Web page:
Get Loved Up with Yung Pueblo

This interview with Yung Pueblo was so powerful, and I’m so happy to have him on the show. If you have friends who are down and anxious due to some difficult circumstances in life, give them love by sharing the full episode of this conversation with them. You could make someone happier today.

To get more wisdom from Yung Pueblo, check out his website for some free resources and podcasts on self-improvement and living a happier life. You can also follow him on Twitter and Facebook for more updates.

If you felt the love and motivation from Yung Pueblo, tag him, @yung_pueblo, and me, @koyawebb, on Instagram with a screenshot of this episode and your greatest takeaways. We would be happy to know what your learnings are from this conversation.

Before I ended our conversation, I asked Yung Pueblo one last question — “If you could have any other occupation other than the one that you have right now and be successful in it, what would it be?”

“Definitely, [to] be a full-time organizer on the national level … like Greta [Thunberg] who’s been doing all that work — the young woman who has been doing all the climate change work and … getting like hundreds and thousands of people together and doing real movement-building work to make a systemic change.” – Yung Pueblo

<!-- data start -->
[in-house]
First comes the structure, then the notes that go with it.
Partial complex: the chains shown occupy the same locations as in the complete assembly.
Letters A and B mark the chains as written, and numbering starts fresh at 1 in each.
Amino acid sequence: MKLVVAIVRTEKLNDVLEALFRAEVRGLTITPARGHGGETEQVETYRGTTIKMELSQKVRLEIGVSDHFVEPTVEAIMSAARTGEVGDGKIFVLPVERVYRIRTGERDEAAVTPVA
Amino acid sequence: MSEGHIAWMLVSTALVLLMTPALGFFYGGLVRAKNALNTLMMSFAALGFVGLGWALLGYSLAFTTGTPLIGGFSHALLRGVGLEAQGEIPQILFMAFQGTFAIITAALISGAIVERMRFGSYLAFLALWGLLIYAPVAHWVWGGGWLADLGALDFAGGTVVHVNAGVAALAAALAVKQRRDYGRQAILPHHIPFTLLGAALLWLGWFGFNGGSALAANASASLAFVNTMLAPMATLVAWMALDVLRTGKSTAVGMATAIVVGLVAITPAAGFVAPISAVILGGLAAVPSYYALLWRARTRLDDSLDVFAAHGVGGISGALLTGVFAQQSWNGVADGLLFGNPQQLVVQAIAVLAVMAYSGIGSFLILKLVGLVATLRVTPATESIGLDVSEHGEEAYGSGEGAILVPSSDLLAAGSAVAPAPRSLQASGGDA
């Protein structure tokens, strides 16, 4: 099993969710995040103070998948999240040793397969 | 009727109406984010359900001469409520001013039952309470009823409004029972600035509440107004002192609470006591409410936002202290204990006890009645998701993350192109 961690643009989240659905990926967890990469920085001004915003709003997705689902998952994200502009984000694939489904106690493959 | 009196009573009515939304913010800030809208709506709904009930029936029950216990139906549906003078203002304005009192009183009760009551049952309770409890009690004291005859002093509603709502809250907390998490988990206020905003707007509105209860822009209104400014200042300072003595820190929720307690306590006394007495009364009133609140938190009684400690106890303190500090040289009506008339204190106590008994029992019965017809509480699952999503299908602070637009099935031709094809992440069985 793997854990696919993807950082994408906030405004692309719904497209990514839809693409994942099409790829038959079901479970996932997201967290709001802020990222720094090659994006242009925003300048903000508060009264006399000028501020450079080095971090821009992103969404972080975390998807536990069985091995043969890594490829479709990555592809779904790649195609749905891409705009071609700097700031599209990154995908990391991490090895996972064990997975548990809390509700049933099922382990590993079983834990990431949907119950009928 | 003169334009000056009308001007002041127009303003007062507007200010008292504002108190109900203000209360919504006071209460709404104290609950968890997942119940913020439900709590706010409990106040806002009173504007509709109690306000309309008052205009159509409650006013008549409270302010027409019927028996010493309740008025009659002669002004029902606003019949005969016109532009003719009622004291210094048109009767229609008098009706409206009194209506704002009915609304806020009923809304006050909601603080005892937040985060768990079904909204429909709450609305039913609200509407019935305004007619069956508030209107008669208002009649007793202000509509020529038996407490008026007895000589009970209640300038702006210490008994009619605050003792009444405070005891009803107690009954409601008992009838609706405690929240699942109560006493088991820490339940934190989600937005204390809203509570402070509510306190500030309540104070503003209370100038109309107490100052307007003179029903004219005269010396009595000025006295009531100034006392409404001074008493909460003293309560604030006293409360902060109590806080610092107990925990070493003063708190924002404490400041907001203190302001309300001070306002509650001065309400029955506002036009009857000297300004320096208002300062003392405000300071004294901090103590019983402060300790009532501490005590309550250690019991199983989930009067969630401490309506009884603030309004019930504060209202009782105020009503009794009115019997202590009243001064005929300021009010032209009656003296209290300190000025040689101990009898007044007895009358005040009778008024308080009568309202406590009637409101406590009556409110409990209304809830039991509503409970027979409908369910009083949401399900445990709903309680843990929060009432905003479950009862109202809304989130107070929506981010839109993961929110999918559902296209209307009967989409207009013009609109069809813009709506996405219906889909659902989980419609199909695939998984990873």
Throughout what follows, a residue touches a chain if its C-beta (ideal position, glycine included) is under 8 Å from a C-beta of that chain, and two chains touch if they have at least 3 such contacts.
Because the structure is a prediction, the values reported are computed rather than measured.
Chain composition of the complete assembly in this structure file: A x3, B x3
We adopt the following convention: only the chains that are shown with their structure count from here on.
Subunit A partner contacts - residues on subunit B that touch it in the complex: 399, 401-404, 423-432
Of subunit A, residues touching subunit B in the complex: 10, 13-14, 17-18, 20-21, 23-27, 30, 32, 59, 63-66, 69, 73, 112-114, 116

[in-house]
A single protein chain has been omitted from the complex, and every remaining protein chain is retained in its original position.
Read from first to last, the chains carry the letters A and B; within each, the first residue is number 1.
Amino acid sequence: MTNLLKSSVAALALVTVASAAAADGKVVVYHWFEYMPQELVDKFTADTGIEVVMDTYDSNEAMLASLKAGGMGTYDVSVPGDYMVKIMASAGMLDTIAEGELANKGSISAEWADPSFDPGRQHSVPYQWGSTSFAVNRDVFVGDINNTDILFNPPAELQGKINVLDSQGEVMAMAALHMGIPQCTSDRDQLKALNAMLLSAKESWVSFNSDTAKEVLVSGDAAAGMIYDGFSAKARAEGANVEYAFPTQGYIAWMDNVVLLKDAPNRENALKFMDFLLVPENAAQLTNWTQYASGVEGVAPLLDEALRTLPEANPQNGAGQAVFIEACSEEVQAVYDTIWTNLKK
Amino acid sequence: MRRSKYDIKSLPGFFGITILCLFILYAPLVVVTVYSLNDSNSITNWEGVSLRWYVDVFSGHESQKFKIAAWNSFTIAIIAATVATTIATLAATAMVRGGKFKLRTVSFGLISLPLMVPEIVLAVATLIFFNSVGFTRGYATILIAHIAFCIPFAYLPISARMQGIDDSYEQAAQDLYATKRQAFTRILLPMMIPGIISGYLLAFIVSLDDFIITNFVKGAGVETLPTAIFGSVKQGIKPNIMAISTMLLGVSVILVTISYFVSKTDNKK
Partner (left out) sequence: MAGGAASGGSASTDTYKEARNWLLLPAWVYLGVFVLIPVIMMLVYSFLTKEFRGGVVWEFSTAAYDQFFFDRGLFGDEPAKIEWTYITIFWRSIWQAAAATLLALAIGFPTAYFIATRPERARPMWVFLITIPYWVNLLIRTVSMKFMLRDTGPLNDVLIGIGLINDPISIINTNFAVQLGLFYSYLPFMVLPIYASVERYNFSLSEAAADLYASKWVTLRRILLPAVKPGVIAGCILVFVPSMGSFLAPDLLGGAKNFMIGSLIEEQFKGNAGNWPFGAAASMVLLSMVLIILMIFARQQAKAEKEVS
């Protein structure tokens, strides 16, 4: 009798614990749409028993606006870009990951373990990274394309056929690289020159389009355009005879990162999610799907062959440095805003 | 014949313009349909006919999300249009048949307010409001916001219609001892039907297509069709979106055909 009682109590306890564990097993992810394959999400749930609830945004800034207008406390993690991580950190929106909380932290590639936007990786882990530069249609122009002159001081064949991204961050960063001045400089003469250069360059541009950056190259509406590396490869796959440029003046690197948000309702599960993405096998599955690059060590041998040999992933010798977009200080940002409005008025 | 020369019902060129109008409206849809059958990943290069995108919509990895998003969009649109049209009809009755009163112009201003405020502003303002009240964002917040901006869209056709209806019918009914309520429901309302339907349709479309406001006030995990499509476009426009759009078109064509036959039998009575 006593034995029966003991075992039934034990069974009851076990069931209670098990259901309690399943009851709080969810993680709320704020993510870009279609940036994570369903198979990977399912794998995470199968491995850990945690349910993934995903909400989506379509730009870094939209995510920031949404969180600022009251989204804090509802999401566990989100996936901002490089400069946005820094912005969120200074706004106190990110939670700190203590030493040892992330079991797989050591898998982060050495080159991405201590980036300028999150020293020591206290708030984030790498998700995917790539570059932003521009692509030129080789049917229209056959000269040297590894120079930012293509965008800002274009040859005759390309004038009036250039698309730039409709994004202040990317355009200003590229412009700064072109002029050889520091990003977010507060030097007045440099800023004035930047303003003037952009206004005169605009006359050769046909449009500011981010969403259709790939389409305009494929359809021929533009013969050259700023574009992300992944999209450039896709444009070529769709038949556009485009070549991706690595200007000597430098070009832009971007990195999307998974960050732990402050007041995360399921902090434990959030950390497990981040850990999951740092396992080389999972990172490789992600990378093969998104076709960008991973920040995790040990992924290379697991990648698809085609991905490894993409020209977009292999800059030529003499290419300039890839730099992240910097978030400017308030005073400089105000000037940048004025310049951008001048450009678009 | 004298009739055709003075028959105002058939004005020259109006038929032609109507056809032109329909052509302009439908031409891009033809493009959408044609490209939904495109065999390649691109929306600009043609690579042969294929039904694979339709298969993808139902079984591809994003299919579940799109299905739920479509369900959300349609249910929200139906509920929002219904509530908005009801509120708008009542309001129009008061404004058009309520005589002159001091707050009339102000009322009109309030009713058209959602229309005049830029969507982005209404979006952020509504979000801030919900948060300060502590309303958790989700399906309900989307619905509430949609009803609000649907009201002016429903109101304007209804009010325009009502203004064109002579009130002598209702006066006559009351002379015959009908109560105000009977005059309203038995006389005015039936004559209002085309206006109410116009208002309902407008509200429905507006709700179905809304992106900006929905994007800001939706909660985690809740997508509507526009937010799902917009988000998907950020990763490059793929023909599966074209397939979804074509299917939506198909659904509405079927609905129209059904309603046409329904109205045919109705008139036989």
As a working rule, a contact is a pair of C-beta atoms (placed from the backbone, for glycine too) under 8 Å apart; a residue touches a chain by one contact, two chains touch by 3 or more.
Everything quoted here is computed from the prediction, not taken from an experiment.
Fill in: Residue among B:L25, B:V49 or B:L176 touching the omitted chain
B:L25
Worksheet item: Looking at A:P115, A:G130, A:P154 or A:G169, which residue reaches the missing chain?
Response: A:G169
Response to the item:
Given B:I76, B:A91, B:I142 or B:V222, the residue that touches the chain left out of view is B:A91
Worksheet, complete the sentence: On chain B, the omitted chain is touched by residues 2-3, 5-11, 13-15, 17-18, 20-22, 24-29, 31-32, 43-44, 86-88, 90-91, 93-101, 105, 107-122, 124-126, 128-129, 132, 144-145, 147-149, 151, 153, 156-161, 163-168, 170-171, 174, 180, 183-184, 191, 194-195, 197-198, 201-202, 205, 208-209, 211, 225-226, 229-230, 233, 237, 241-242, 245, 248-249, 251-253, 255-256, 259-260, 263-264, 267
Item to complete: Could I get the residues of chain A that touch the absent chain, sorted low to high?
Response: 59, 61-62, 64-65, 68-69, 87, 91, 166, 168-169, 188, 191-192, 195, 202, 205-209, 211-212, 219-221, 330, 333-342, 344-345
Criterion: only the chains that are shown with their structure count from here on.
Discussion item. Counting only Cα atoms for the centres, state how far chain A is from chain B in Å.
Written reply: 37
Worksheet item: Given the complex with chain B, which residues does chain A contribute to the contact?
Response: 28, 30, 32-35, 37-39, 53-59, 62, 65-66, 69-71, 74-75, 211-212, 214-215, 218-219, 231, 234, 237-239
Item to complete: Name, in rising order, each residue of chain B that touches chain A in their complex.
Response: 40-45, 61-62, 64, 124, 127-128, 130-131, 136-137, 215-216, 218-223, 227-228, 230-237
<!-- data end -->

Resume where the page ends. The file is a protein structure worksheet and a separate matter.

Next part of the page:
That was wonderful — creating an impact not just in the community but also for the environment. We can actually make an impact through our daily activities. By avoiding the use of plastic and observing proper garbage disposal, our daily efforts can have a long-term impact on the planet and the community. 

If you’re ready to break through any limitations and live your purpose, check out my Wellness Entrepreneur Mastermind for a step-by-step process and a trusted team to support your growth and evolution.

Until next time, love yourself, love others, and love the planet.

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  • How Diego started his meditative journey (1:31)
  • Who Diego was before discovering this method (4:51)
  • How the vipassana process works (13:46)
  • How taking care of yourself is important to helping and serving others (16:07)
  • How rest plays a big part in Diego’s everyday (18:27)
  • How Diego’s conflict resolution with his wife is so important to his well being (22:31)
  • How this conflict resolution is put into play (29:13)
  • How doing nothing will help walls come down (35:18)
  • How juicing has changed Diego’s life (41:01)

Links mentioned in this episode